The positive energy in Killington on giant slalom Saturday was tangible. After the FIS decided to forgo injection, the snow on Superstar Saturday morning was grippy, what many would describe as hero snow. The racers were feeling confident, feeding off energy from clean, responsive turns. In such great conditions, when every racer is skiing to the best of their ability and simultaneously feeding off the energy of a crowd 18,500 fans strong, it’s hard to find separation.

But Ragnhild Mowinckel came out in force on her first run and did just that, distancing herself from Federica Brignone by 0.37 after laying down clean, fast turns that outshone all the rest.

The stage was set for a tough second run with the Norwegian ahead, but nothing rivaled the show put on by Brignone who pulled ahead of Mowinckel, winning the race by 0.49 seconds.

“Here the crowd, you can feel it when you’re coming down,” she said at the post-race press conference. “I could feel them, during my race actually, the first run and the second run.”

Federica Brignone races towards the finish encouraged by the roar of thousands of fans. Photo by David Jenne for Ski Racing.

Brignone skied aggressively, and it almost cost her after nearly skiing out a few gates from the finish. At that point, she thought her mistake would set her off the podium, so seeing a green light as she came out of her tuck was more than a pleasant surprise.

“After my mistake, I thought, this is going to be really bad because I lost a lot of positions, but then it wasn’t. And it was unexpected for sure.”

The European racers seemed impressed and humbled by the crowd, excited to see how many fans came out to cheer them on. Brignone arrived late to press conferences because she was outside signing so many autographs for young fans, fans who reminded her of herself when she was a young racer. Mowinckel even apologized to fans for not having enough bibs to give away.

“This is why it’s so fun to ski race, you feel kind of invincible while you’re skiing” Mowinckel added. “When you actually cross the finish line, you feel like everybody’s cheering and it doesn’t matter whether you are from the States or not. Everybody cheers for you, and that’s really cool being a foreigner here. They show support for me, and I want to do the same for them.”

Ragnhild Mowinckel of Norway finished second today overall. Photo: GEPA pictures/ Greg M. Cooper

Third place finisher, Austrian Stephanie Brunner, agreed that they were more than happy to engage with the excited crowd. Killington is Brunner’s first time on the podium, so for her, this race was extra special.

“I feel like I am at home at an Austrian race. There are many many people here to cheer with us, and it’s amazing,” she said. Brunner and the rest of the podium finishers will skip slalom tomorrow in order to get to Lake Louise to prepare for speed races.

Despite awesome conditions, many of the women seemed to struggle in the middle of the course, particularly in the second run, when the sun fell and shaded the terrain before the pitch. But if the racers could carve cleanly through the problem spots, and make it to the pitch, that’s where the real battle began.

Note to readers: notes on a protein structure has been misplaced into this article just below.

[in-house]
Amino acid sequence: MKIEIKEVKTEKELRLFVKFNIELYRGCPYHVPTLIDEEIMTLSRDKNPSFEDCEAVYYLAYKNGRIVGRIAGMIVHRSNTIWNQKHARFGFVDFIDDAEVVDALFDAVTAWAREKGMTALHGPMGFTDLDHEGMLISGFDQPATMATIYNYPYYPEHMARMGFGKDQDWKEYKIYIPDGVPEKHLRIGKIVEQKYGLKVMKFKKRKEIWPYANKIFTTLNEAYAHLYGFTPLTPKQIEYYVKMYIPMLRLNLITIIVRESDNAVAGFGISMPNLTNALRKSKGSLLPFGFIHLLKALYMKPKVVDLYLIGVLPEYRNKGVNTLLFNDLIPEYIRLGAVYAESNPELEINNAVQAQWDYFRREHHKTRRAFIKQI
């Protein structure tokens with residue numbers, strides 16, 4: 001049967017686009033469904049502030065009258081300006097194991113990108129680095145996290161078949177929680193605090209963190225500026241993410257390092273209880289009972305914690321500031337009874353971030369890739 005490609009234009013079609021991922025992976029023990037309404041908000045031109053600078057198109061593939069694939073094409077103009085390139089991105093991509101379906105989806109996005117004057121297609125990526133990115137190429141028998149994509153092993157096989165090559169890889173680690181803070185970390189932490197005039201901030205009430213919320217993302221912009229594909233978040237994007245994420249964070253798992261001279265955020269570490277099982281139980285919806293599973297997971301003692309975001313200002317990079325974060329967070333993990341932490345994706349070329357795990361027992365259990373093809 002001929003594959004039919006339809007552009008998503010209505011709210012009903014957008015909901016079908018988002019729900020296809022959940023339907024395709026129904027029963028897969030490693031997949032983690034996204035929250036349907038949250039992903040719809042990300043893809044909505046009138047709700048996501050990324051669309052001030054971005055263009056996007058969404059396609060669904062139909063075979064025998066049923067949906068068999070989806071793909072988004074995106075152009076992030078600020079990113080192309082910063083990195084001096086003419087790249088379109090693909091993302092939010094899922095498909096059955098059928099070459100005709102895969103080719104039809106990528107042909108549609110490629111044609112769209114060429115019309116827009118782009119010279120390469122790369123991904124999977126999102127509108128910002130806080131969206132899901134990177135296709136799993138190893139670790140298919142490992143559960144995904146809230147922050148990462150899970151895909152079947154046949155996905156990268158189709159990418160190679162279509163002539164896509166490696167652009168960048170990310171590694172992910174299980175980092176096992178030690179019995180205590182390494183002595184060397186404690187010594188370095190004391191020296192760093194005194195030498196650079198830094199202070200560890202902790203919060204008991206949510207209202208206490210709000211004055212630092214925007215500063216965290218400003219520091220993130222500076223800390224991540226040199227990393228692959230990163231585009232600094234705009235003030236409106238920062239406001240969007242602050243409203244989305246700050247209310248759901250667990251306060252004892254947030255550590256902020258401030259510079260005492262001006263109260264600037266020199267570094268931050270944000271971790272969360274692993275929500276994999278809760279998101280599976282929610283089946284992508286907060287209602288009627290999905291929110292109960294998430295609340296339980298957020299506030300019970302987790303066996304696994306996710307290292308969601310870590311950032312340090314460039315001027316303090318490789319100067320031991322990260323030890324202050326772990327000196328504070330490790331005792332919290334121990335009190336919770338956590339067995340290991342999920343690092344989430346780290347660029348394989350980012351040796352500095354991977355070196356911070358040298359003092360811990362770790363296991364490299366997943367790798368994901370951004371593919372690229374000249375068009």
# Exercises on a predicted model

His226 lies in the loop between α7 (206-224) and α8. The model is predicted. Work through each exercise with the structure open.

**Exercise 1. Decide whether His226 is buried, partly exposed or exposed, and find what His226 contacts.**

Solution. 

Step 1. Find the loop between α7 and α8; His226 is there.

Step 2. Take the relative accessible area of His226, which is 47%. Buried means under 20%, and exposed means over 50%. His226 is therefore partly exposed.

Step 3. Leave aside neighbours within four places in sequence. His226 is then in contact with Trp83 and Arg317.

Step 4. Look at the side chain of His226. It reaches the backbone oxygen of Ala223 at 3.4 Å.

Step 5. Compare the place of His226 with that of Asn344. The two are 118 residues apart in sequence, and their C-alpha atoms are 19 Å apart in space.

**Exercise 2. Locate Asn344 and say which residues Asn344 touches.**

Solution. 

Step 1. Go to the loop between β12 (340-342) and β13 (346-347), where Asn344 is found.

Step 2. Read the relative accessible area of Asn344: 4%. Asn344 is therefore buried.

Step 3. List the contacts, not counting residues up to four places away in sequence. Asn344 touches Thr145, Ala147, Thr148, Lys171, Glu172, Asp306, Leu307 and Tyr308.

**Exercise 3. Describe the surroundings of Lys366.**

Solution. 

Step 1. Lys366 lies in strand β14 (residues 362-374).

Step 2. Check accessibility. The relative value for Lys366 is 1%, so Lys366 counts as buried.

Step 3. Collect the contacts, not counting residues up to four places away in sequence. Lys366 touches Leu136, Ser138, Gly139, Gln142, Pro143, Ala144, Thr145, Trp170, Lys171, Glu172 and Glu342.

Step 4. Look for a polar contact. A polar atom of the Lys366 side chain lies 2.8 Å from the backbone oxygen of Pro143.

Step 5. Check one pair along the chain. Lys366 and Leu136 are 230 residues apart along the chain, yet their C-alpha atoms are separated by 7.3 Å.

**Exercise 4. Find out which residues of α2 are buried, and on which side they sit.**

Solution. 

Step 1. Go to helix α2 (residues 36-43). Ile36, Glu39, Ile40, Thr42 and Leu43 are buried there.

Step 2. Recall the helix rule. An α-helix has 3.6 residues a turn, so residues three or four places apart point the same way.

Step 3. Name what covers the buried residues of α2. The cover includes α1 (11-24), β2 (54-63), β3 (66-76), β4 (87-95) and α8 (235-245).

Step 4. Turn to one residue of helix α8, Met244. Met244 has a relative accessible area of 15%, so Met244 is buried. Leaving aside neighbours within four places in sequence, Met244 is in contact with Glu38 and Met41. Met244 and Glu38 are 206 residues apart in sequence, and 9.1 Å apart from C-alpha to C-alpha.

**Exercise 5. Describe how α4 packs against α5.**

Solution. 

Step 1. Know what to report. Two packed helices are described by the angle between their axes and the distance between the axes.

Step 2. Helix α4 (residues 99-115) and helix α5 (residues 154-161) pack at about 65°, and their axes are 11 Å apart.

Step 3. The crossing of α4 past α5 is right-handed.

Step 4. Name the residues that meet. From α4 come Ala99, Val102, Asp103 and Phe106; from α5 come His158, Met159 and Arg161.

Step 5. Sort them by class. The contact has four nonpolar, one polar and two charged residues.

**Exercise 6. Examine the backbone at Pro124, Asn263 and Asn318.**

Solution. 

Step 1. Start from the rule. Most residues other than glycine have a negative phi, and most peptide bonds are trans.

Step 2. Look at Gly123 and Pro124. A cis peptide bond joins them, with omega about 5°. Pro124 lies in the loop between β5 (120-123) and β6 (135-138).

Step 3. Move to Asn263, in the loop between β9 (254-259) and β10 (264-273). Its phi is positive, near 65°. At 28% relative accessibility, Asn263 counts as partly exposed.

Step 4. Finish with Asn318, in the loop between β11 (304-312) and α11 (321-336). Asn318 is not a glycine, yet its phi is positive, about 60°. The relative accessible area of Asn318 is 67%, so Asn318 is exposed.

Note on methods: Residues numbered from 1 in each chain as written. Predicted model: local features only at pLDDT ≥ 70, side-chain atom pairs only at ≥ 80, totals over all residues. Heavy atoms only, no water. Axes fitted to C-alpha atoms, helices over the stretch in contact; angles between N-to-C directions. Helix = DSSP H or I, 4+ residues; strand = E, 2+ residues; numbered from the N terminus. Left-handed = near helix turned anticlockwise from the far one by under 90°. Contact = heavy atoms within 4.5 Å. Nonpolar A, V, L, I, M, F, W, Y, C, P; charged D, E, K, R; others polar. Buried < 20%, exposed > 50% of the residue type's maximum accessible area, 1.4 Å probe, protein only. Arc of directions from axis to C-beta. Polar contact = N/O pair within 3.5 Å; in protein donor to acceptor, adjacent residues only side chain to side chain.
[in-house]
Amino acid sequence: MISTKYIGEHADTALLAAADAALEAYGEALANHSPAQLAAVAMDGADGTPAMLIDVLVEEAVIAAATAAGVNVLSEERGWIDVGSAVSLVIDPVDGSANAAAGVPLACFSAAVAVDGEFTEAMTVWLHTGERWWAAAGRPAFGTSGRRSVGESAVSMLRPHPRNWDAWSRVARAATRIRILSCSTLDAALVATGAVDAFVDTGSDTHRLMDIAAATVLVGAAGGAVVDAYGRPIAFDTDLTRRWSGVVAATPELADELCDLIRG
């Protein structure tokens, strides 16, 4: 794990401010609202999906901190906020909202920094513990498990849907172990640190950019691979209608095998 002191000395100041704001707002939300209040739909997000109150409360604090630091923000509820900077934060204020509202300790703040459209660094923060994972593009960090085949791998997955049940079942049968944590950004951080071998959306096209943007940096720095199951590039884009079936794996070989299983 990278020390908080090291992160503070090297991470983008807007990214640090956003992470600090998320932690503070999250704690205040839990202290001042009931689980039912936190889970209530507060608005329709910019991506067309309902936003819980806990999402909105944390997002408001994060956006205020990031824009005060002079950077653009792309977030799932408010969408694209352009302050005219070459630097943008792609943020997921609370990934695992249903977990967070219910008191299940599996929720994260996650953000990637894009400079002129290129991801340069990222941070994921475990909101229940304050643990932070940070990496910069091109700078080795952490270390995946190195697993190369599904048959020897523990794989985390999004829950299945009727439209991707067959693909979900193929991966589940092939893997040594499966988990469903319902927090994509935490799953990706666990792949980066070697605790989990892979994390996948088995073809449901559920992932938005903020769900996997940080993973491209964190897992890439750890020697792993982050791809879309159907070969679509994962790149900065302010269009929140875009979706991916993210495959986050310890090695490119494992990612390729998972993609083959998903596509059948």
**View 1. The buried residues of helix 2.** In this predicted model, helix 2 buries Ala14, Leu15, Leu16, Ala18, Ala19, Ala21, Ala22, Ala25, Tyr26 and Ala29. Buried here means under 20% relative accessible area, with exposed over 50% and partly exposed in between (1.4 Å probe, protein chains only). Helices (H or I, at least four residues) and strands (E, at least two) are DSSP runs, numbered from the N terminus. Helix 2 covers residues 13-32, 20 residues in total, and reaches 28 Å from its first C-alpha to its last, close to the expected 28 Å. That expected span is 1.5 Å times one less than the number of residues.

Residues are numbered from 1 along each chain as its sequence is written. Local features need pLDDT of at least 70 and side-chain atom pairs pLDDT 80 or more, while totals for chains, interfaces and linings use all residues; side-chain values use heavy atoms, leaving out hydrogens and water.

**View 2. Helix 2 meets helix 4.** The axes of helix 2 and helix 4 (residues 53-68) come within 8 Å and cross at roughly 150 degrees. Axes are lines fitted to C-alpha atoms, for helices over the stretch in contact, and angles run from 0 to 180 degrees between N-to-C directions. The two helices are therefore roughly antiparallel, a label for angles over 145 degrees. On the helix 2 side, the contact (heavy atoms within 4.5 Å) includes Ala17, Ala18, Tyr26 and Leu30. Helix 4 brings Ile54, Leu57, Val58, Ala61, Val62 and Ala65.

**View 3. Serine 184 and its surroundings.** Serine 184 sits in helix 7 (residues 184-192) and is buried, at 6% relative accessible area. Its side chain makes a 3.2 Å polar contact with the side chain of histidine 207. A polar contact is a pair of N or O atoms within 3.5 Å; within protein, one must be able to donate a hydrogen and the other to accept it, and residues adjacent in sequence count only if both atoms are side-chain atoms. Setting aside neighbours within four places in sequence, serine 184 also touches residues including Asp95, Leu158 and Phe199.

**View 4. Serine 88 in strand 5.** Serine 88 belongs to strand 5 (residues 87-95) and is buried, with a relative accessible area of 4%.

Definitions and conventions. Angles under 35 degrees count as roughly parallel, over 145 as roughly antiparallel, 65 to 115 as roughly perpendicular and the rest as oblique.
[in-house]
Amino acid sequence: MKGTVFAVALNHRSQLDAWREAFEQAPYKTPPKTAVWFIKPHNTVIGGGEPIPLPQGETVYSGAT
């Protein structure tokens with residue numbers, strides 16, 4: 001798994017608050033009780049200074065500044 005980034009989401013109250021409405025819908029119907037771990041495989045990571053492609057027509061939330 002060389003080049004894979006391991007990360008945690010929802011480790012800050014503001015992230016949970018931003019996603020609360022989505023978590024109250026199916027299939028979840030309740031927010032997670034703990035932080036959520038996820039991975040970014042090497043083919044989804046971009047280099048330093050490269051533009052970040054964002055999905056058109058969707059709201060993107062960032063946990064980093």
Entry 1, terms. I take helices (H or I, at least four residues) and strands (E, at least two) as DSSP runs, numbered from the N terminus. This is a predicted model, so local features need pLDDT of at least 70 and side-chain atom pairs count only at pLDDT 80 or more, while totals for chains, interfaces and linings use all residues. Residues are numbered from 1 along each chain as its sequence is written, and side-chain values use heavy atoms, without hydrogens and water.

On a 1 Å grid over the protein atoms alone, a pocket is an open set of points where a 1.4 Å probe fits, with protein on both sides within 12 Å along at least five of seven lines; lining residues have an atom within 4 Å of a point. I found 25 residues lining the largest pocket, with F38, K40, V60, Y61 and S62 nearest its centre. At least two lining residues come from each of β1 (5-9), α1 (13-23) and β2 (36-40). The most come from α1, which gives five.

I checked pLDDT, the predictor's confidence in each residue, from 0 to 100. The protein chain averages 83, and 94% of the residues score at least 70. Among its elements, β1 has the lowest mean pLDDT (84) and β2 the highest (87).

Viktoria Rebensburg of Germany, who had a first run that put her in position for the podium, hooked a tip on the pitch and DNF’d. Tessa Worley of France came in late after a few mistakes in the middle, and also fell short of the podium after trying to catch up at the bottom of the course.

After falling in training in the morning, Mikaela Shiffrin skied a conservative first run and wound up in 6th, 0.67 seconds out from Mowinckel. In her second run, the American favorite skied with an undeniable confidence, handling the terrain more impressively than most racers before her, but fell short of the podium and ended in fourth place.

“The first run I had some really good skiing, but some of the turns I was just not aggressive enough. The second was much more aggressive and I moved up a couple of spots but it wasn’t quite enough,” she told Ski Racing after the race. “I was happy with my skiing, I just wasn’t happy with the intensity.”

As for her teammates, AJ Hurt DNF’d her first run after skiing out, as well as Nina O’Brien, who hip checked a couple of gates away from the finish. Abi Jewett and Tricia Mangan of the U.S. Ski Team, alongside Foreste Peterson of Team X Alpine, did not qualify for a second run.

The women will continue their chase for the podium in Killington tomorrow during the slalom event, which will kick off at 9:00 am EST.

Top 10

  1. Federica Brignone (ITA)  1:51.33  Rossignol/Rossignol/Look
  2. Ragnhild Mowinckel (NOR)  +0.49  Head/Head/Head
  3. Stephanie Brunner (AUT) +0.78  Head/Head/Head
  4. Mikaela Shiffrin (USA) +0.99 Atomic/Atomic/Atomic
  5. Tess Worley (FRA) +1.01  Rossignol/Rossignol/Look
  6. Wendy Holdener (SUI) +1.31  Head/Head/Head
  7. Petra Vlhova (SVK) +1.33  Rossignol/Rossignol/Look
  8. Anna Veith (AUT) +1.36  Head/Head/Head
  9. Katharina Liensberger (AUT) +1.60  Rossignol/Rossignol/Look
  10. Frida Hansdotter (SWE) +2.10  Rossignol/Rossignol/Look

Click here for official FIS results.

Associate Editor – Born and raised in Metro-Detroit, Michigan, Mackenzie grew up ski racing all over the Mitten.​ She moved out west in search of mountains and attended the University of Oregon, where she achieved degrees in Journalism and Environmental Science. She raced USCSA and was captain of the UO Alpine Ski Team. She currently resides in Salt Lake City and serves as Associate Editor for Ski Racing Media.